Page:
How We Moved to Async Stand-ups
And why we are not going back to meetings anytime soon.
In September we created a new product team dedicated to internal tools.
It's a small team—four people—devoted to improving lives of the 40+ Account Managers & Project Managers working at Translated.
Early on we spent a few weeks collecting requirements, prioritizing features, and laying a bit of groundwork for the development process.
🙋 Daily Stand-ups, in person
We did this at the office, and among other things we had daily stand-ups first thing in the morning. Stand-ups have always served us well, in particular:
- They make sure there are no blockers.
- They make people commit on daily goals, which has a positive effect on their motivation.
- They provide a sense of teamwork and belonging, which is precious for a newly formed team.
Over time, though, they also brought some drawbacks — mostly because of two elements:
- Real-time meetings are expensive — both in time and energy.
- Real-time meetings are synchronous — everyone needs to stop what she is doing to join.
There is no way around this. Meetings draw tons of energy from people, and they also interrupt other productive work that would benefit from long, focused streaks of time.
Moreover, in the case of stand-ups, many times the discussion turns out to be trivial, and the full meeting feels like an overkill. Anyway, we didn't make any changes to the process during the first weeks.
That is, until COVID stroke back and we went full remote.
📞 Remote Stand-ups, in call
Working from home, having regular stand-ups in call felt immediately wrong. Both issues in fact — expensiveness and synchronicity — got amplified:
- Calls are more expensive and less effective than meetings: people get exhausted rapidly, and it's hard to make them engaged.
- From remote, everyone is even more encouraged to work on their own schedule. Having a daily interruption, at an arbitrary time, feels like a waste.
✍️ Remote Stand-ups, asynchronous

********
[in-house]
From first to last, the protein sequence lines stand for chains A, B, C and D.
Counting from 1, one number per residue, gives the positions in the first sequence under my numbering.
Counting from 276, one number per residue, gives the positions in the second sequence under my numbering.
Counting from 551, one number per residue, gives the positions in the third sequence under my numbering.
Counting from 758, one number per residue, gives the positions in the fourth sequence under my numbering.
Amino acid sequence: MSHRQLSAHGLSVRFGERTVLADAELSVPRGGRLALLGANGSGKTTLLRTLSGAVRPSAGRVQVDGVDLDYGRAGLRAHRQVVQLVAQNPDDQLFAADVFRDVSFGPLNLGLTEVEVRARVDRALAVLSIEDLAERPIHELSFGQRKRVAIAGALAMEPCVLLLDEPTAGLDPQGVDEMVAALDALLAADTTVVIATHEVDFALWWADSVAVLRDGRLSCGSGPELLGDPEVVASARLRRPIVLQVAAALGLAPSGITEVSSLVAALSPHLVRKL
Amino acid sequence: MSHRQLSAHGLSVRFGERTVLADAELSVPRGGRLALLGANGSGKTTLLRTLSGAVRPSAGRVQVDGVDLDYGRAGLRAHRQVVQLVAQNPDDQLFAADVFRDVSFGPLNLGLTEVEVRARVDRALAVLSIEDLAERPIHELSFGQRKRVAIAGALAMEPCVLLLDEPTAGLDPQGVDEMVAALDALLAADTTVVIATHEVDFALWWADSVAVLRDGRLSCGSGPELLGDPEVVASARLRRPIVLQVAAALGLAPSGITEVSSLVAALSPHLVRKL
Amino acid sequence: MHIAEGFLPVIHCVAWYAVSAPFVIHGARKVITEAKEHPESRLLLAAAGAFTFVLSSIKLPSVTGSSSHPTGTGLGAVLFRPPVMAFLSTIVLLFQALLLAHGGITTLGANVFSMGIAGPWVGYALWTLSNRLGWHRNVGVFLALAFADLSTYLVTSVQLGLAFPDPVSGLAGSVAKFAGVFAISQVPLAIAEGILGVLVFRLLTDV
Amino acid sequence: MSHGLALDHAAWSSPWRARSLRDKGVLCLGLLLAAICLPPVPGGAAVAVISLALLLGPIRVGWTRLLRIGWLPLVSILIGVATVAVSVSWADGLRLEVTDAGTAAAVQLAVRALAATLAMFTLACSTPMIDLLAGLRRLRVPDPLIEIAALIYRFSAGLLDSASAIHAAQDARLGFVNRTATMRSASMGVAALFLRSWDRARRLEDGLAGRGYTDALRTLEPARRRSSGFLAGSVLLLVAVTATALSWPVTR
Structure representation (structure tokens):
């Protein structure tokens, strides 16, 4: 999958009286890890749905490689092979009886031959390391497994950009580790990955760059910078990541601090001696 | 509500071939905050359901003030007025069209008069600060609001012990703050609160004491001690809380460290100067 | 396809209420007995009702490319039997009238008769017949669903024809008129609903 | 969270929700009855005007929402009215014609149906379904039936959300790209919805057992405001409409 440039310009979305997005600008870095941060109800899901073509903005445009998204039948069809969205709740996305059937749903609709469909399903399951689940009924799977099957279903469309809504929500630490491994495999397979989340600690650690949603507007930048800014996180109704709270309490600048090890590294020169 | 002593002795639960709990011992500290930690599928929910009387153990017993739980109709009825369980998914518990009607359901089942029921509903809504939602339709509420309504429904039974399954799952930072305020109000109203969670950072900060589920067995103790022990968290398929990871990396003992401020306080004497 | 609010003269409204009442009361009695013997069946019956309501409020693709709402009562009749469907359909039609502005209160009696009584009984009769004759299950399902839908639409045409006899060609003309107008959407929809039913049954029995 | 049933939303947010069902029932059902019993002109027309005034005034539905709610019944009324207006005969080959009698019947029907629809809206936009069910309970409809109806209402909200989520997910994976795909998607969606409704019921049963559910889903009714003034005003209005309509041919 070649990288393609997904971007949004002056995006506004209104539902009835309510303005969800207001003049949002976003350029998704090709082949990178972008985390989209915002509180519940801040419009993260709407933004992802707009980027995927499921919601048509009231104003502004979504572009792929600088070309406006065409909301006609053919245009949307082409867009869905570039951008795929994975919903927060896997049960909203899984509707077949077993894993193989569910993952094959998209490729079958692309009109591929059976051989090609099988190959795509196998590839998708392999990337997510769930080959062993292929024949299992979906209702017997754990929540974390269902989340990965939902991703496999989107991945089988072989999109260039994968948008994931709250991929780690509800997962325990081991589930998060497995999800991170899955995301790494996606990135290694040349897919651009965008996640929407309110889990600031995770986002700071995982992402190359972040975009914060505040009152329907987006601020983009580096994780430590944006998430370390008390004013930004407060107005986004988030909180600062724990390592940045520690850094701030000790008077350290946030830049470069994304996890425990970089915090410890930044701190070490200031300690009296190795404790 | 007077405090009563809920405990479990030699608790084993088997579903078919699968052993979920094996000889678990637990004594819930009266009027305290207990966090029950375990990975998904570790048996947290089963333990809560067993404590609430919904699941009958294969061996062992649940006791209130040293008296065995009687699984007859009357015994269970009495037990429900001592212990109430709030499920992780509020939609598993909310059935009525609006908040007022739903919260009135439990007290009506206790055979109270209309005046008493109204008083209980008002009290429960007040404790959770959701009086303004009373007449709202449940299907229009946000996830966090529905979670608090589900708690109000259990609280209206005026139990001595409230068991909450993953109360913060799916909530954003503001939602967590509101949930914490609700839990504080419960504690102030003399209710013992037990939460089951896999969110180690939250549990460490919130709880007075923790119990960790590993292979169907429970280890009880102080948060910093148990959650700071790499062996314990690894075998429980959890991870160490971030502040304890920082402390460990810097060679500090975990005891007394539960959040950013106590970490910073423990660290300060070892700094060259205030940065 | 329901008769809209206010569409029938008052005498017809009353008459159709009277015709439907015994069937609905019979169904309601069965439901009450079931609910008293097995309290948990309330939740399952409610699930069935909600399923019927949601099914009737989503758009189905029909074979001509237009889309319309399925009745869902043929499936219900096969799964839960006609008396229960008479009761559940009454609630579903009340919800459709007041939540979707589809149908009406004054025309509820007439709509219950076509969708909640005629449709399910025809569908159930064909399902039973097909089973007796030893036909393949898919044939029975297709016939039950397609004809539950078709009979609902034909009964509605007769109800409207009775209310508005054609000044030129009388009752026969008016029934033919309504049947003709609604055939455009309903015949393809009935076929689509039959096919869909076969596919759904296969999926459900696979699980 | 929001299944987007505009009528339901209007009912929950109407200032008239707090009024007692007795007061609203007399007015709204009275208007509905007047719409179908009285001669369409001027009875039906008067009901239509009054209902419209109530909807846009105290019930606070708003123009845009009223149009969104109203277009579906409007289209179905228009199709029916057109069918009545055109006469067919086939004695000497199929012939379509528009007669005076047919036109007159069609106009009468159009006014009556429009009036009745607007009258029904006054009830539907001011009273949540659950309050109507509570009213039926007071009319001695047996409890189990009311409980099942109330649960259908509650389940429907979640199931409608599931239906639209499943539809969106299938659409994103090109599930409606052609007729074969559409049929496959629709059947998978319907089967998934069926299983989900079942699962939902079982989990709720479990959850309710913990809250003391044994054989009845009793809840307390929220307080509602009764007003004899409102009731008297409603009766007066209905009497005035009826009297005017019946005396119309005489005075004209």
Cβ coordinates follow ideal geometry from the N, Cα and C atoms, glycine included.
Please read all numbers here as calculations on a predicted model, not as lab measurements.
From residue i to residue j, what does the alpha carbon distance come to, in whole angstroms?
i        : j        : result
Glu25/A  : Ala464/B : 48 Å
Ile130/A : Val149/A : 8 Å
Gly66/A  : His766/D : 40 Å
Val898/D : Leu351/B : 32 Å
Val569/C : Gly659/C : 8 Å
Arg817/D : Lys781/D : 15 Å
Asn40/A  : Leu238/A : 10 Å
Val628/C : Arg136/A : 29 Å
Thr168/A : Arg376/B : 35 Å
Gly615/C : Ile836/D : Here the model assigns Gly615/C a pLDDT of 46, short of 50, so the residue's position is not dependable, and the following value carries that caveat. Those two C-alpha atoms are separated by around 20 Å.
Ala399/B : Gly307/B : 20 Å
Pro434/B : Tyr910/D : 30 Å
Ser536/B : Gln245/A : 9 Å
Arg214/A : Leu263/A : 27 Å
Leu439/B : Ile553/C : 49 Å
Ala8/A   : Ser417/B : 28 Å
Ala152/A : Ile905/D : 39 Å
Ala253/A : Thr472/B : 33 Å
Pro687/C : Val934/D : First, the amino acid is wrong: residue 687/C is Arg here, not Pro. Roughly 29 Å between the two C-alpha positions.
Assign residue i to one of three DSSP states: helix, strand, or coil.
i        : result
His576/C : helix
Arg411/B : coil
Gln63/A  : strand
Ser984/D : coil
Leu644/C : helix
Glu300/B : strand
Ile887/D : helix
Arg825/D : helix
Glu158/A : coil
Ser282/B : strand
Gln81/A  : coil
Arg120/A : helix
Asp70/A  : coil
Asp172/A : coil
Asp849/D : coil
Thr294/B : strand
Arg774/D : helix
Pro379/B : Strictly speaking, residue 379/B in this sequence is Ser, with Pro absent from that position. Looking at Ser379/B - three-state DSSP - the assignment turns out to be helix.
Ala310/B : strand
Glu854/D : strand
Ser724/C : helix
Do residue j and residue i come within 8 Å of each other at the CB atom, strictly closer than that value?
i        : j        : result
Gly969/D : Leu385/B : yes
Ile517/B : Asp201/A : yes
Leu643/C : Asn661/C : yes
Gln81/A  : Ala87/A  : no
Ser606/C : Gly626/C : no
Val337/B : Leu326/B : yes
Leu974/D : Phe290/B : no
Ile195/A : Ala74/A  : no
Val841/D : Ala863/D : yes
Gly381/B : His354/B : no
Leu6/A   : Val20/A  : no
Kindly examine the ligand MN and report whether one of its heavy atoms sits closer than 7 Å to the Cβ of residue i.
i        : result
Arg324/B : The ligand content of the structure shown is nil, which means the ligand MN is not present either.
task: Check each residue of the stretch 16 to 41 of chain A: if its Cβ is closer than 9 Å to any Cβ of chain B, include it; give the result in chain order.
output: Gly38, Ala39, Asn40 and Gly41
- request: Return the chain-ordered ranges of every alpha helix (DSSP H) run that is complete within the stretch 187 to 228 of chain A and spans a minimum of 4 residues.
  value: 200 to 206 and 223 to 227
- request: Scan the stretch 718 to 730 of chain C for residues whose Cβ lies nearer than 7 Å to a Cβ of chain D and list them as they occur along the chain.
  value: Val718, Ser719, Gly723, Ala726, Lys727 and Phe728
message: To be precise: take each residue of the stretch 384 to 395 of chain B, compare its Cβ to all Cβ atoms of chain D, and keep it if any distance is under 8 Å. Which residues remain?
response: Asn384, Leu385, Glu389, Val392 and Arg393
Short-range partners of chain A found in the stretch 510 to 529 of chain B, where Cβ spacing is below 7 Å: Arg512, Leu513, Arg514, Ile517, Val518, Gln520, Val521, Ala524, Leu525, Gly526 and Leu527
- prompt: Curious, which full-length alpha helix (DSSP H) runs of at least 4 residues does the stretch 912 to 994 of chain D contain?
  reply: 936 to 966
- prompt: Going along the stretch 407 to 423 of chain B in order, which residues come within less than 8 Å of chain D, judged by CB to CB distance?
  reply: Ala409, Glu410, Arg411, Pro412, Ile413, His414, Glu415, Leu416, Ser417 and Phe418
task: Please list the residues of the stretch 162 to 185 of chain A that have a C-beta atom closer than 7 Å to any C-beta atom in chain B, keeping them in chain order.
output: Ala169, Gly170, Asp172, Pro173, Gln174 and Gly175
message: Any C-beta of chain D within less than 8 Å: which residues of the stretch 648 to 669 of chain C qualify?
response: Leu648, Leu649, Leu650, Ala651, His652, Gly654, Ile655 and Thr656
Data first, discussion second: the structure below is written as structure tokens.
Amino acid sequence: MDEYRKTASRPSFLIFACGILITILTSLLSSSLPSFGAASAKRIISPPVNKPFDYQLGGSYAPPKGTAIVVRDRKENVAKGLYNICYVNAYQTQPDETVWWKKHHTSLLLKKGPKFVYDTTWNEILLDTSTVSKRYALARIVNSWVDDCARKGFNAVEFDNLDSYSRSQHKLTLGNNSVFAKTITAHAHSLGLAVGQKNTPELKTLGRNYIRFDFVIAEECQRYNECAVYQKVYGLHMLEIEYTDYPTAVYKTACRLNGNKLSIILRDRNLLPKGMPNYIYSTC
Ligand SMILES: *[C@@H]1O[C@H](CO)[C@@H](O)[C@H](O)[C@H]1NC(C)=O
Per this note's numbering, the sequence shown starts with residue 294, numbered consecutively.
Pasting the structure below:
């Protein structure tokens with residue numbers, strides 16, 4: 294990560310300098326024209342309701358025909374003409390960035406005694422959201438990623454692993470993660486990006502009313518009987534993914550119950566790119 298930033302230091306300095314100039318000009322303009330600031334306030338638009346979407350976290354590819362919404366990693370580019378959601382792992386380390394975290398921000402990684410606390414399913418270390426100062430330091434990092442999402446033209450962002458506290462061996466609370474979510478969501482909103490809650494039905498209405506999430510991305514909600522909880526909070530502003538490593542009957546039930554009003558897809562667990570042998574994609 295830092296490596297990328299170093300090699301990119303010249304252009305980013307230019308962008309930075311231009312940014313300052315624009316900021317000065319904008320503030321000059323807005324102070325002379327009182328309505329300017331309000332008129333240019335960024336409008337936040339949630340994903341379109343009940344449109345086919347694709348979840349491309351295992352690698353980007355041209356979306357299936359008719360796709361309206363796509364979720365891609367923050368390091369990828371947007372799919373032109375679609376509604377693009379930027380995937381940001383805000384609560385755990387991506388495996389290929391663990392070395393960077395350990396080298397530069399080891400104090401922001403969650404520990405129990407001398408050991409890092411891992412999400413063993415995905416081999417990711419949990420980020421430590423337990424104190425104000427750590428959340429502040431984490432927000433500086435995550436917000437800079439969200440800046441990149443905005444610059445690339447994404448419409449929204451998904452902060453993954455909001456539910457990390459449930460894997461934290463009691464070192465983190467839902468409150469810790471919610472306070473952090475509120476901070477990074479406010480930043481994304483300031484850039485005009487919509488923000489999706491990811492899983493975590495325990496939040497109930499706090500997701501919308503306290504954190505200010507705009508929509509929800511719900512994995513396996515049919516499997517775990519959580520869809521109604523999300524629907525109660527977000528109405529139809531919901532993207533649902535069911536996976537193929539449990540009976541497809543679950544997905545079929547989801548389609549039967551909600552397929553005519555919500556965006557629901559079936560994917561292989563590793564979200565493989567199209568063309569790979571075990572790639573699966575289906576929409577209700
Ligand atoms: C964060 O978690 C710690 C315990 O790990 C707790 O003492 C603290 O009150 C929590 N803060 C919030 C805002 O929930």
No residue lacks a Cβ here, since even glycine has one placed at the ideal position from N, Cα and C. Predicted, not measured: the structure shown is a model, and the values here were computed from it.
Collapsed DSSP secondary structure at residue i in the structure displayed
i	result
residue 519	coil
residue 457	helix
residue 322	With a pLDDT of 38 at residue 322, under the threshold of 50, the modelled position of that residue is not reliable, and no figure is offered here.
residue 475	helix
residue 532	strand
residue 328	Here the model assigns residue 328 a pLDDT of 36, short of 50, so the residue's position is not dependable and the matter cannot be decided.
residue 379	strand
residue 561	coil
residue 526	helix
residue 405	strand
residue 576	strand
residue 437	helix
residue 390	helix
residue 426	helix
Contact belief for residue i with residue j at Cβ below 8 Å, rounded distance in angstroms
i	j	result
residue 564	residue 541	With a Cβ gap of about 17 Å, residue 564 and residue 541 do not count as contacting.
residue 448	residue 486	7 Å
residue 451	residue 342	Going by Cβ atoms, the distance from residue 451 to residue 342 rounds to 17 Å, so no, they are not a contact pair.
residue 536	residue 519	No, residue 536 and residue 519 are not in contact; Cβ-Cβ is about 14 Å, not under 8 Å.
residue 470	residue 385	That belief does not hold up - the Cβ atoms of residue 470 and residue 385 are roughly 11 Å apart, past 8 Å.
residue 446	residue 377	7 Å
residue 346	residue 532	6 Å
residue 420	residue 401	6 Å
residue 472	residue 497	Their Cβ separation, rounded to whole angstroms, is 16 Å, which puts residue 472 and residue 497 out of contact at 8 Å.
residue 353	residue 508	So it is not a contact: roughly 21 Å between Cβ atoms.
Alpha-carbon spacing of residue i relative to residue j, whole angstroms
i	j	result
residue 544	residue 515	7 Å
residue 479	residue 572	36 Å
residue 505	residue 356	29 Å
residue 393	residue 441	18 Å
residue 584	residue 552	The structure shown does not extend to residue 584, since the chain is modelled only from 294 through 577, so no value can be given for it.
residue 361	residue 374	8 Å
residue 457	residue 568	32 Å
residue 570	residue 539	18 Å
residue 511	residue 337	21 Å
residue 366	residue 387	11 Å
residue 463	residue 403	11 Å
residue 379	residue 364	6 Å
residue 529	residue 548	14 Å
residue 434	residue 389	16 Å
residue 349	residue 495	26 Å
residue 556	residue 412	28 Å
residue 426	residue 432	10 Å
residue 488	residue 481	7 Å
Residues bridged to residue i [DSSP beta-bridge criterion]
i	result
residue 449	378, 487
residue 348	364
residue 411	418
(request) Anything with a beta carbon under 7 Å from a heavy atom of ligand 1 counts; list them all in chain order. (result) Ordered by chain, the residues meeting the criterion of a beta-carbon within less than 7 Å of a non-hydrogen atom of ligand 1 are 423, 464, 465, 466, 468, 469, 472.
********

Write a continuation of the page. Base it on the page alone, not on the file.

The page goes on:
After some tinkering, we tried ditching the daily call for a written, asynchronous report. We started using StatusHero to send stand-up reports, and connected it to Slack to have them in a dedicated channel.
This choice proved to be the right one, bringing both expected and unexpected benefits:
- We don't have to wait for each other — people have to submit their report before 10:00am, but within this window they do it whenever they like. For some it's 10:00, for others it's 8:30.
- Written communication beats verbal communication — taking the time to write down your tasks leads usually to a better result than just saying them out loud. Also, having them in written form allows us to go back to them when needed.
- Analytics — writing things down allows to track them, which in turn leads to insights. How often people complete their daily goals? How often are they blocked? Is there any trend happening? We started looking at these things at a daily level, which we definitely didn't before.
- Integrations — the killer feature of StatusHero for us is the integration with the other developer tools. By connecting it with GitHub and Clubhouse, we can see in every person's stand-up their contributions for the day, like commits and story updates. Combined with stand-up goals, this gives me, as a manager, the daily picture of what people are actually working on.
Over time we also found a few downsides, and worked to minimize them.
Sometimes we need deeper alignment, and the written report doesn't cut it. So we give everybody the power to summon a regular, stand-up call when they need it for the day. We end up doing it once or twice a week.
We also realized we lost some of the team-bonding effect, from the times we did it in person. Right now we have a water-cooler channel, and weekly 1:1s where we also update each other on our lives outside of work. To be honest, I feel we didn't really solve this. In person interaction has a different vibe, and we all miss it sometimes.
Here are a few useful resources if you are willing do dig more into this.
- Why we replaced our stand-ups with a robot — Zapier, which is a full remote company, tells how they did kind of the same thing, implementing a slack bot for their stand-ups.
- Stand-ups for Agile Teams — Atlassian does a bit of everything! Based on the team you are in, you might have in-person standups, remote stand-ups in call, or async stand-ups. It's an interesting perspective.
- Effective Remote Team Stand-ups — The founder of StatusHero gives his own tips about the topic, which led him to build the tool in the first place!
These articles helped us forming an opinion about the topic, and ultimately deciding to give it a try. I am glad we did.
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